A generic painkiller, ketorolac tromethamine, which is widely used in hospitals, is in short supply. The company that manufactures the painkiller, Hospira, recalled more than 60 lots of the drug due to contamination by crystal particles, which could cause problems if injected into patients.
Hospira has struggled in recent years to comply with requirements about the quality of its drugs. It notified customers in January that it was recalling some of its vials of ketorolac that were manufactured between February 2013 and December 2014. The recall occurred after a customer reported seeing calcium crystals floating in one of the vials. If the calcium particulates were injected, they could cause inflammation, allergic reactions, or other problems.
Hospira supplies about 95 percent of the ketorolac that is used in the U.S. Another company which manufactures the other five percent has increased its production in an effort to meet the demand. Keterolac is an injected nonsteroidal anti-inflammatory drug, and is given to patients during and after certain procedures. It can lessen the need for pain-relieving opioids.
Hospira’s manufacturing problems have contributed to recalls and shortages in recent years. Several shareholder lawsuits have been filed against the company, alleging officers and directors have breached their duties by failing to correct known problems, and by misleading investors.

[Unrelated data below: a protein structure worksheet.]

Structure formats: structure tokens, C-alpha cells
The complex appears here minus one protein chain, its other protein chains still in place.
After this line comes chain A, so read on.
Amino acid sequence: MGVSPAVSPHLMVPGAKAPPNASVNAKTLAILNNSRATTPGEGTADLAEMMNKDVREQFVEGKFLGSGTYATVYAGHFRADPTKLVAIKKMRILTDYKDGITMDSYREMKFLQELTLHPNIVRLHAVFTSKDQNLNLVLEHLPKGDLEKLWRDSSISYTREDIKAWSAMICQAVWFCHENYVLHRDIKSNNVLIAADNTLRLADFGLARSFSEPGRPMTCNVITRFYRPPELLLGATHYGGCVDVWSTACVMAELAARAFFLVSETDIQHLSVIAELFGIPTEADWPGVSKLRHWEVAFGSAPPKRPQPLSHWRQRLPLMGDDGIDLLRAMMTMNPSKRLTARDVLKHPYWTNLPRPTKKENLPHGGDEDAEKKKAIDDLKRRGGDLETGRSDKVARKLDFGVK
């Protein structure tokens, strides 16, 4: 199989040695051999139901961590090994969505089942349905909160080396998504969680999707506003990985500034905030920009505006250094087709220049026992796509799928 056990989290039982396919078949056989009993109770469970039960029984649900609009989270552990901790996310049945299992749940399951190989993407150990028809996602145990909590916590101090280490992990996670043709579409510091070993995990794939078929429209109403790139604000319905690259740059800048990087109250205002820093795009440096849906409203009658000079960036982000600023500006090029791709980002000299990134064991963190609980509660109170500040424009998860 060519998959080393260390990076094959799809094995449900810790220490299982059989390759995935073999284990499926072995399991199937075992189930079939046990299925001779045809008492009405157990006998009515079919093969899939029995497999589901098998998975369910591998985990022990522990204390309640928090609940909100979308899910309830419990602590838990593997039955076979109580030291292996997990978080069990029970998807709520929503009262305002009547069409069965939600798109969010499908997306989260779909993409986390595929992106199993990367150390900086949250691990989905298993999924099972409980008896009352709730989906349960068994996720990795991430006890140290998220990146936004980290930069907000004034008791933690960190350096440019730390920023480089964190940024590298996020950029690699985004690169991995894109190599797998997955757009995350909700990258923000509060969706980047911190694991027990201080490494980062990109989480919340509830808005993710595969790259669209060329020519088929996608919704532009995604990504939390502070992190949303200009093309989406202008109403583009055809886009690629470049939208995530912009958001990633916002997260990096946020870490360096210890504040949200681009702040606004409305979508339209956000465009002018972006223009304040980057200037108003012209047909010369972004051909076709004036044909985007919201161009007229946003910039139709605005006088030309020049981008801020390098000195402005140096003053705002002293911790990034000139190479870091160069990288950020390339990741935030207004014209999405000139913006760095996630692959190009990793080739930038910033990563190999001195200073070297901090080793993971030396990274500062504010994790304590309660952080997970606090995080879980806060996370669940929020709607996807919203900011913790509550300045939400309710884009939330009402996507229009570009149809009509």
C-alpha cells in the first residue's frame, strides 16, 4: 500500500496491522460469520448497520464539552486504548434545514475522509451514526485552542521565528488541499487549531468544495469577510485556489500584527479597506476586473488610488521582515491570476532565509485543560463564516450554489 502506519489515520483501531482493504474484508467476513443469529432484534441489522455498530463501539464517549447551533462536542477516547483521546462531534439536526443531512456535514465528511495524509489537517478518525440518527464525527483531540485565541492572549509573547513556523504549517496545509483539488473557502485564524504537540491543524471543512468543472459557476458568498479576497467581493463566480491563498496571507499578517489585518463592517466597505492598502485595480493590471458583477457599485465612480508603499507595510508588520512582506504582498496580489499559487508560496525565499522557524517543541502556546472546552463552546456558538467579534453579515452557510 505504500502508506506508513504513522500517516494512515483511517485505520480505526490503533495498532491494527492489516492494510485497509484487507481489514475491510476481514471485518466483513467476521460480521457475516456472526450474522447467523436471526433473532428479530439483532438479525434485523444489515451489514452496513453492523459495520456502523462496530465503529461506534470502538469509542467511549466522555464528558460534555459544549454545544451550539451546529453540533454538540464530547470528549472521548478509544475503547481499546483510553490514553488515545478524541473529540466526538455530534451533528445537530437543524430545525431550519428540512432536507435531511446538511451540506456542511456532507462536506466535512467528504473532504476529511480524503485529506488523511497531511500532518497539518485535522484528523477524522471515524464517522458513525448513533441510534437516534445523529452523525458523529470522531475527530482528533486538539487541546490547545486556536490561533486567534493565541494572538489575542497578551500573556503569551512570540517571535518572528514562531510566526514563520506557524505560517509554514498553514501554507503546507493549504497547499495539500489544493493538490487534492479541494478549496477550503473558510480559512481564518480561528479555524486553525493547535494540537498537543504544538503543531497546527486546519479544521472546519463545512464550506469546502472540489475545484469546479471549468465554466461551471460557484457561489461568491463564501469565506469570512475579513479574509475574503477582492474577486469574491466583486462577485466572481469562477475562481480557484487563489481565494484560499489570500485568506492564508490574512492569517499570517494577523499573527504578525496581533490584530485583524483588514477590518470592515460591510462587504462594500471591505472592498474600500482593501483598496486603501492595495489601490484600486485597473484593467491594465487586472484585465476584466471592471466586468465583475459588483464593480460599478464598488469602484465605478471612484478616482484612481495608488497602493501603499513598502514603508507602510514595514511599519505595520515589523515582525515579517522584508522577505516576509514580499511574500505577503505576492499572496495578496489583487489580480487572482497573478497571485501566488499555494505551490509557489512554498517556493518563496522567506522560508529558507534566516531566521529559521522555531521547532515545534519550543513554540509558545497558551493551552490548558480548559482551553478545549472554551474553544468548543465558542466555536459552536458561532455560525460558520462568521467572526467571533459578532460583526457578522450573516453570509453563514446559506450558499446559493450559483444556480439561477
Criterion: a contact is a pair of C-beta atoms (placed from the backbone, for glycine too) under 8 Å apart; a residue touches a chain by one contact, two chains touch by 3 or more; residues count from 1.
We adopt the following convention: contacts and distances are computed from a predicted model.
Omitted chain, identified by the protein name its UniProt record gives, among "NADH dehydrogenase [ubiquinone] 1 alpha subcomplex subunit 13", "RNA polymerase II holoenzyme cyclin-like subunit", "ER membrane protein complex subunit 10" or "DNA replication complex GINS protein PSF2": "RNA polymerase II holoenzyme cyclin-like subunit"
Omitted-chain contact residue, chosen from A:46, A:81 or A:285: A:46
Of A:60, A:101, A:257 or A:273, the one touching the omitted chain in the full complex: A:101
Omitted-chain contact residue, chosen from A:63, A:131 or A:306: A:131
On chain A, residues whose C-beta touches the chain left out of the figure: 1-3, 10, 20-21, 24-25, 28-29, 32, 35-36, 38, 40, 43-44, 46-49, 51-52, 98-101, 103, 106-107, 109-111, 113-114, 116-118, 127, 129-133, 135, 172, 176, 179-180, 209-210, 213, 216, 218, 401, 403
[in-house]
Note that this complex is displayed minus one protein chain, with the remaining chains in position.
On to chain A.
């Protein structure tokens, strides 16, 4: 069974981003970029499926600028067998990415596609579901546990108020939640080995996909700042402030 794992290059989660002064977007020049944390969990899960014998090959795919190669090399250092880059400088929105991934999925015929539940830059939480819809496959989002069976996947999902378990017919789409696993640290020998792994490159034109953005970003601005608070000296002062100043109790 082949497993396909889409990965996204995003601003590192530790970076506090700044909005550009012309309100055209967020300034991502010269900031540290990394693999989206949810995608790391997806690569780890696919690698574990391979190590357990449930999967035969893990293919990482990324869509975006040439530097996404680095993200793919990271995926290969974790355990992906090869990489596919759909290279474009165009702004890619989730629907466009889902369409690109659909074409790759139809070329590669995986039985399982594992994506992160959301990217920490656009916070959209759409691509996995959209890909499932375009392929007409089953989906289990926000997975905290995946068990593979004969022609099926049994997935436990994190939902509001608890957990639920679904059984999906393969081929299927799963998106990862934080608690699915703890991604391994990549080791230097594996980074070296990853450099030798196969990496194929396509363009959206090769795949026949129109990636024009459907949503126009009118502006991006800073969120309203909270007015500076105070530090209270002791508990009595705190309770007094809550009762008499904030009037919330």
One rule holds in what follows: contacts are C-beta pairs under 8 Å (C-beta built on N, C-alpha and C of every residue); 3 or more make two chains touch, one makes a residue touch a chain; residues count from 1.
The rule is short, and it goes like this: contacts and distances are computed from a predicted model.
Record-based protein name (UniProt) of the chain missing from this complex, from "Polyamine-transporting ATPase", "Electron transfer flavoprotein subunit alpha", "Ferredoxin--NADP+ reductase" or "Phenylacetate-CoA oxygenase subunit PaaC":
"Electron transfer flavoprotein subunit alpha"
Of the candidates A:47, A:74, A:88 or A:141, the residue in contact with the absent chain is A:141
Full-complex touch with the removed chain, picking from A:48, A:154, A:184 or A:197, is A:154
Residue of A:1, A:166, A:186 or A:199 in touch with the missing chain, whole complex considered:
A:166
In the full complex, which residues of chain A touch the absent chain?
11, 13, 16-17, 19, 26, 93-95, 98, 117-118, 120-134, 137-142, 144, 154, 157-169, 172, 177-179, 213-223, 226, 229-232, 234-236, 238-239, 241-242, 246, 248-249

Fortunately, the vast majority of prescription and over-the-counter drugs manufactured in this country have been safely designed and manufactured. When a drug manufacturer fails to meet its duties to its customers, however, patients who rely on those drugs can be seriously injured or killed. Those who are harmed by a drug have legal rights against the manufacturer, including the right to sue the manufacturer for damages.
If you have been harmed by a dangerous drug, call the defective prescription drug attorneys at Kennedy Hodges at 888-894-0119. You can also visit our Facebook page to learn more about us. Call to learn more.